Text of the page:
Abstract|Movement Disorders 1| Volume 357, SUPPLEMENT 1, e53, October 15, 2015

Prevalence, recognition and treatment of parkinsonism, dementia and depression in the assisted living population of Slovakia

      Background: Cognitive decline, Parkinsonism and depression are frequent accompaniments of aging. Prevalence of these disorders rises together with age. Among residents of assisted living facilities there is presumption of higher occurrence of these disorders.
      Objective: To obtain a direct estimate of the prevalence of dementia, Parkinsonism and depression among residents of assisted living facilities in Slovakia and their rates of recognition and treatment, we carried out this study.
      Patients and methods: 821 people living in assisted living facilities (mean age 75.9 years) were examined in order to review the occurrence of parkinsonism, cognitive deficit and depression. Patients were evaluated by neurologists professionally focused on movement disorders and dementias. We have obtained patient and/or Institutional Review Board (IRB) approval, as necessary.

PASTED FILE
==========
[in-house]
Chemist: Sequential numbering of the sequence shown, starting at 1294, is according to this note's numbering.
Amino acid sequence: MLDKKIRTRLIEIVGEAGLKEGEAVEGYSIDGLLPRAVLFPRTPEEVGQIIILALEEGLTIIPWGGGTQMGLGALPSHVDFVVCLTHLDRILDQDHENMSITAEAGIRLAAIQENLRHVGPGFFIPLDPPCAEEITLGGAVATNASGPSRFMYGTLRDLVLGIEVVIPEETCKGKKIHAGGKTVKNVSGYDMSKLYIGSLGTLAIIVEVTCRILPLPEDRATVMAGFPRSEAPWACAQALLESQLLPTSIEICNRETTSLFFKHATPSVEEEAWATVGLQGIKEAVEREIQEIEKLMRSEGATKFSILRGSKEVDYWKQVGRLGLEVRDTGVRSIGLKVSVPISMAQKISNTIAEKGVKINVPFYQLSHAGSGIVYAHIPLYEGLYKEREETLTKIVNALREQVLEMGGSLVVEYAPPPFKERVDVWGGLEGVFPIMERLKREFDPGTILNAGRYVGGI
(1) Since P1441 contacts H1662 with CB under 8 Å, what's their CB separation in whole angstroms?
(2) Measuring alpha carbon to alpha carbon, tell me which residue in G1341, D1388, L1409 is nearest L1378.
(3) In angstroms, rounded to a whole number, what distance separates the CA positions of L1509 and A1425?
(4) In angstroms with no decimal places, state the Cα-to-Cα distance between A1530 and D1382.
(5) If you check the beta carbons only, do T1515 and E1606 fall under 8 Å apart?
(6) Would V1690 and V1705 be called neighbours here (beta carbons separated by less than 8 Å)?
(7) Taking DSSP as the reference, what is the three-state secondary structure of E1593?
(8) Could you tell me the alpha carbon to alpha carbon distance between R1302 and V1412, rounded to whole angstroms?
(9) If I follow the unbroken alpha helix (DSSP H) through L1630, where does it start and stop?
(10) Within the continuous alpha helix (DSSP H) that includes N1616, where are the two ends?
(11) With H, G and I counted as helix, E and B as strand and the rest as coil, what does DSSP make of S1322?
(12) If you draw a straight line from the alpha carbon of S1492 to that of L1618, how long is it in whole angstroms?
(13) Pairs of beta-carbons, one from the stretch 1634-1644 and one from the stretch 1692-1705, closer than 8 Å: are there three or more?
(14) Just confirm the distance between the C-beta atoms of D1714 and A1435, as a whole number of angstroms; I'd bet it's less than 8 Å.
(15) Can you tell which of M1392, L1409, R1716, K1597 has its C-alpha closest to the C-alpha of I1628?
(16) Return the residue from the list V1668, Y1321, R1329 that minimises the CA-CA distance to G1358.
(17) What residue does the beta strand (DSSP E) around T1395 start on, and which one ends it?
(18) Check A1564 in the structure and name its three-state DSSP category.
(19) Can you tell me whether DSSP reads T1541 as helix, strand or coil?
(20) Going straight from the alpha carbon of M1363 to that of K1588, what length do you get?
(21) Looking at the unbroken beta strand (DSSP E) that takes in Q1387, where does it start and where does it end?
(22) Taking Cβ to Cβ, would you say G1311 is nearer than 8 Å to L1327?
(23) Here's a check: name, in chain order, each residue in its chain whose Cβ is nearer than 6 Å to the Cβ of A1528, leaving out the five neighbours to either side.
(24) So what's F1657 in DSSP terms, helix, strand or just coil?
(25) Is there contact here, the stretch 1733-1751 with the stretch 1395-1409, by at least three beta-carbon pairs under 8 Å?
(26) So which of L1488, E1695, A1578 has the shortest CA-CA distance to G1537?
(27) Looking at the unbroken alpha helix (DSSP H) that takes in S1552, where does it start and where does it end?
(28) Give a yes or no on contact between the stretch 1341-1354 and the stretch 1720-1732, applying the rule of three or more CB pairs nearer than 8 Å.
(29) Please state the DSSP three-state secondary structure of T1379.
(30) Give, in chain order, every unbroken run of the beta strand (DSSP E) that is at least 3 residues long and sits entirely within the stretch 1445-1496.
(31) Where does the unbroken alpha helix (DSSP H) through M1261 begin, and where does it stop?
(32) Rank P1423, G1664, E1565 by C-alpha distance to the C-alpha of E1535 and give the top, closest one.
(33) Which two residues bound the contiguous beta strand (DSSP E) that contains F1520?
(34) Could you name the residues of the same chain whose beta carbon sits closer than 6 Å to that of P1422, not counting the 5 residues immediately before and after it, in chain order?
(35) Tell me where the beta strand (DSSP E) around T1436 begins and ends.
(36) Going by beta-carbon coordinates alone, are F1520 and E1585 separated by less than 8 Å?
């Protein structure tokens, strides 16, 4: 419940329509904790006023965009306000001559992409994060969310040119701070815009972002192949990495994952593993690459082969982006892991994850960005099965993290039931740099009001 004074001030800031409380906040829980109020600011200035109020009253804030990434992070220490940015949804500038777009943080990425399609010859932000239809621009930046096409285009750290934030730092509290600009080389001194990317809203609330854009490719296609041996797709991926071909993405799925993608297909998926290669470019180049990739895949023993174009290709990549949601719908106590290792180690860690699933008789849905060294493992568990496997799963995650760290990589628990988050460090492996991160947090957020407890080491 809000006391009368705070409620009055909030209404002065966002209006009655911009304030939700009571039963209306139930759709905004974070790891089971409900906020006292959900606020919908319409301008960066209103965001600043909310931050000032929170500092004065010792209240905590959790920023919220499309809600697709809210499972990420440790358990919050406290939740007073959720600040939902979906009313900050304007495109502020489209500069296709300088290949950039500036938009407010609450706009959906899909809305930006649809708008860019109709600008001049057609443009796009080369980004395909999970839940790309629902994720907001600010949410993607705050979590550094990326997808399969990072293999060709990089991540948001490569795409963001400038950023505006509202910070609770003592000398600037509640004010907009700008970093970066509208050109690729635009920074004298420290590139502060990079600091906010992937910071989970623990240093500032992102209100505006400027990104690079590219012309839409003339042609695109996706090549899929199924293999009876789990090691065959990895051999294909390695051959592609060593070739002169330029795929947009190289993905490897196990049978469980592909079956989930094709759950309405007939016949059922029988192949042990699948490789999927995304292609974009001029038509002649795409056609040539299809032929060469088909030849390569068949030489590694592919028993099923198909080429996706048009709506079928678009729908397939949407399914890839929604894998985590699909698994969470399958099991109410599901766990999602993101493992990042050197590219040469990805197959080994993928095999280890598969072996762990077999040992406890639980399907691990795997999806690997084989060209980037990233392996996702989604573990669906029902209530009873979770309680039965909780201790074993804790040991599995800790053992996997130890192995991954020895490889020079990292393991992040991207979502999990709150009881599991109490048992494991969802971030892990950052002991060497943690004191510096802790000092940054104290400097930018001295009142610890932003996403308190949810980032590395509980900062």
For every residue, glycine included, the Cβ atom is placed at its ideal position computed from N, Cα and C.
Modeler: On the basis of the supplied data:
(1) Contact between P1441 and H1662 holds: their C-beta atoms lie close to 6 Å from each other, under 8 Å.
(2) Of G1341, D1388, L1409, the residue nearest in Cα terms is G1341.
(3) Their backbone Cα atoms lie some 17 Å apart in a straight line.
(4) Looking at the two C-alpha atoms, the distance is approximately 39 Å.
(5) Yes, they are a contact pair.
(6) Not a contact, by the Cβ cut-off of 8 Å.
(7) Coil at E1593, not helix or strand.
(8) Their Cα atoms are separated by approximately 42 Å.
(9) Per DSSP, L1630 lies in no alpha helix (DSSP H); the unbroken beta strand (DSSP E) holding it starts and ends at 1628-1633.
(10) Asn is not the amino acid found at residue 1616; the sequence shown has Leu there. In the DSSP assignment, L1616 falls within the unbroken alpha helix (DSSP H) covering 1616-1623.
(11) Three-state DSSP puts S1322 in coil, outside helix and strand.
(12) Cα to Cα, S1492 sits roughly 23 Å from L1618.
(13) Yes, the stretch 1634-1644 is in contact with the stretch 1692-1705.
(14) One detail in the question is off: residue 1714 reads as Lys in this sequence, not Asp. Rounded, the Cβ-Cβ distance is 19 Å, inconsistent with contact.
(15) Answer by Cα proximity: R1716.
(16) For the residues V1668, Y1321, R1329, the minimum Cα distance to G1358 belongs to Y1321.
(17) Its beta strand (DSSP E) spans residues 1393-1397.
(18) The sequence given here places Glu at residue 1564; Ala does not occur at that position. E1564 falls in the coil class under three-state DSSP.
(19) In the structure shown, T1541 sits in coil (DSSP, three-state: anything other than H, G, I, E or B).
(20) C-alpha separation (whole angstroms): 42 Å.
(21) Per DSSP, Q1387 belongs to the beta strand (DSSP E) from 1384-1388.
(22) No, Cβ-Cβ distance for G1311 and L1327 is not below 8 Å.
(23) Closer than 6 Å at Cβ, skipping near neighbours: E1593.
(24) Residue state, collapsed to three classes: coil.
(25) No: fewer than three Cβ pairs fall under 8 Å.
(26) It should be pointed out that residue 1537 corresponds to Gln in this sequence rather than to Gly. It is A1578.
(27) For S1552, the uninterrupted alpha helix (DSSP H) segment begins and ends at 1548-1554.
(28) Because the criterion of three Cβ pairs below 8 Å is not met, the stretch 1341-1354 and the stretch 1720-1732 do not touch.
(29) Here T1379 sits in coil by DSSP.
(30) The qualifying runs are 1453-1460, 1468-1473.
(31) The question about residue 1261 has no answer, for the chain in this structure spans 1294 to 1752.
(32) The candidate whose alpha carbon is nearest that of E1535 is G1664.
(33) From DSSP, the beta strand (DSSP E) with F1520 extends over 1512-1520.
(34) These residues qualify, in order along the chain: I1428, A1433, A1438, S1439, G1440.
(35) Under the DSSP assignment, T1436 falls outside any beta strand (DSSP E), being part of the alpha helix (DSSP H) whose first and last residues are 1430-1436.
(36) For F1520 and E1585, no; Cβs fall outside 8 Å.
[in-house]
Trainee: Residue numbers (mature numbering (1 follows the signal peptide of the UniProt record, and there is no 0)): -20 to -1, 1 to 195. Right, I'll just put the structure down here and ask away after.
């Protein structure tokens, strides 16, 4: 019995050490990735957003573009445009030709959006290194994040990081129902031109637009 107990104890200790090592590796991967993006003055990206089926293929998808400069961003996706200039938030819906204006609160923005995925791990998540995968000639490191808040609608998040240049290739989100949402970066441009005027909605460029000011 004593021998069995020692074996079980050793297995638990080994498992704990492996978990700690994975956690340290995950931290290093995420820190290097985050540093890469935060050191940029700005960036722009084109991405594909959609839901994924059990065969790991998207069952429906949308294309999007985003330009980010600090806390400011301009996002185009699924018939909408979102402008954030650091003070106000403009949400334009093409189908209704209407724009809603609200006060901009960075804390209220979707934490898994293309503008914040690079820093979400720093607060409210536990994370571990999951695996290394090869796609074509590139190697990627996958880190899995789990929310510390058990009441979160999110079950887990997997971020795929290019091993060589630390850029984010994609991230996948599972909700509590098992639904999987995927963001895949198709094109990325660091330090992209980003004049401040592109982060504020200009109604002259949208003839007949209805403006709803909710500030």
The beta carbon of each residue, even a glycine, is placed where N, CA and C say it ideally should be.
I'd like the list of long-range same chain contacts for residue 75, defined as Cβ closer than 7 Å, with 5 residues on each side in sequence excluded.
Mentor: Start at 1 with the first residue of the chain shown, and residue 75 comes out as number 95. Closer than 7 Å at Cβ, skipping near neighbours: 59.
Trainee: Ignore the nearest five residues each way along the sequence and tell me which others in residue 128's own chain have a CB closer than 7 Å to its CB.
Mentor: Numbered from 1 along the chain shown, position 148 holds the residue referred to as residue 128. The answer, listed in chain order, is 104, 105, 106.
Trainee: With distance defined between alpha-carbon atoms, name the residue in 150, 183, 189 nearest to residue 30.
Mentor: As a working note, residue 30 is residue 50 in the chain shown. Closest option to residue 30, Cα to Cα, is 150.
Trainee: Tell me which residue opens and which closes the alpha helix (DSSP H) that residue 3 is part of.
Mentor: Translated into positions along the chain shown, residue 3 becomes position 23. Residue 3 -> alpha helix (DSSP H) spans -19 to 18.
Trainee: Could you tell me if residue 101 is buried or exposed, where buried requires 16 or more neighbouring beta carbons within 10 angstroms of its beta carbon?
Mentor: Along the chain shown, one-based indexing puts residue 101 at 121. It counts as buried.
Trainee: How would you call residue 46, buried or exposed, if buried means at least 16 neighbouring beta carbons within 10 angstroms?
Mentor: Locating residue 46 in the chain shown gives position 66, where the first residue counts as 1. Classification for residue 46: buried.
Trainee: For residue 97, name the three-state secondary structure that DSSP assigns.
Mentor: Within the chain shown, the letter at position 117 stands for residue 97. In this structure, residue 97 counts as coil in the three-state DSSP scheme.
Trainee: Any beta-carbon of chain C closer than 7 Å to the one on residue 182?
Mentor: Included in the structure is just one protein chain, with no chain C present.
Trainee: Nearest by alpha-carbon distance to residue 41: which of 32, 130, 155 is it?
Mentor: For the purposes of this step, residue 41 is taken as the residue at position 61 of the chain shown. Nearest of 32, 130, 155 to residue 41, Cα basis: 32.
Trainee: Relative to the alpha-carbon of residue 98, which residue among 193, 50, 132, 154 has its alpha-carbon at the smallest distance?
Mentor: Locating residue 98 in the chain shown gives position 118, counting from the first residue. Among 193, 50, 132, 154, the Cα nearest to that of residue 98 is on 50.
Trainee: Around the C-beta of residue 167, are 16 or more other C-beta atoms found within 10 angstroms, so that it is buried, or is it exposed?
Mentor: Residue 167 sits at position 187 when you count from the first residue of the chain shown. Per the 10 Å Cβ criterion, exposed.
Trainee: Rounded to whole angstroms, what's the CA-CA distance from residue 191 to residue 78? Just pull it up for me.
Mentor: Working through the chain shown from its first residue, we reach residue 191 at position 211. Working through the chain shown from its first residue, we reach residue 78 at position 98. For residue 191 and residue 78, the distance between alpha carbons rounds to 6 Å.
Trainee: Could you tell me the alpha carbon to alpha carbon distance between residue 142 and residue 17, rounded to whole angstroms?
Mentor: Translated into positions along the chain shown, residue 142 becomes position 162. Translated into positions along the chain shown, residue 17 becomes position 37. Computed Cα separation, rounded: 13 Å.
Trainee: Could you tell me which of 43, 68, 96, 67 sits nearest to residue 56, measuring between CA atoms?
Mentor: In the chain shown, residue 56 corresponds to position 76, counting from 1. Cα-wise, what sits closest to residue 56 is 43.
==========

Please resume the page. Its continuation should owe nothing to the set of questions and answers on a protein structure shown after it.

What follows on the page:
Results: Out of the total there were 113 residents (13%) with Parkinsonism. 73.5% of Parkinsonian patients (83) suffered from dementia and 59% of these patients suffered from depression. The most frequent cause of Parkinsonism was Parkinson disease, (67 patients, 59.2%), followed by vascular Parkinsonism, (46 patients, 40.7%), Lewy body disease, drug induced Parkinsonism, frontotemporal dementia with Parkinsonism and Fahr disease. Only 51% of these patients were admitted in the assisted living facility with the diagnosis of Parkinsonism. Only 55% of Parkinsonian patients were treated with anti-Parkinson medications.
      Conclusion: Parkinsonism is significantly under-diagnosed and under-treated in assisted living facilities setting. This finding emphasizes the need for accurate detection and treatment of movement disorders also in assisted living facilities and nursing homes.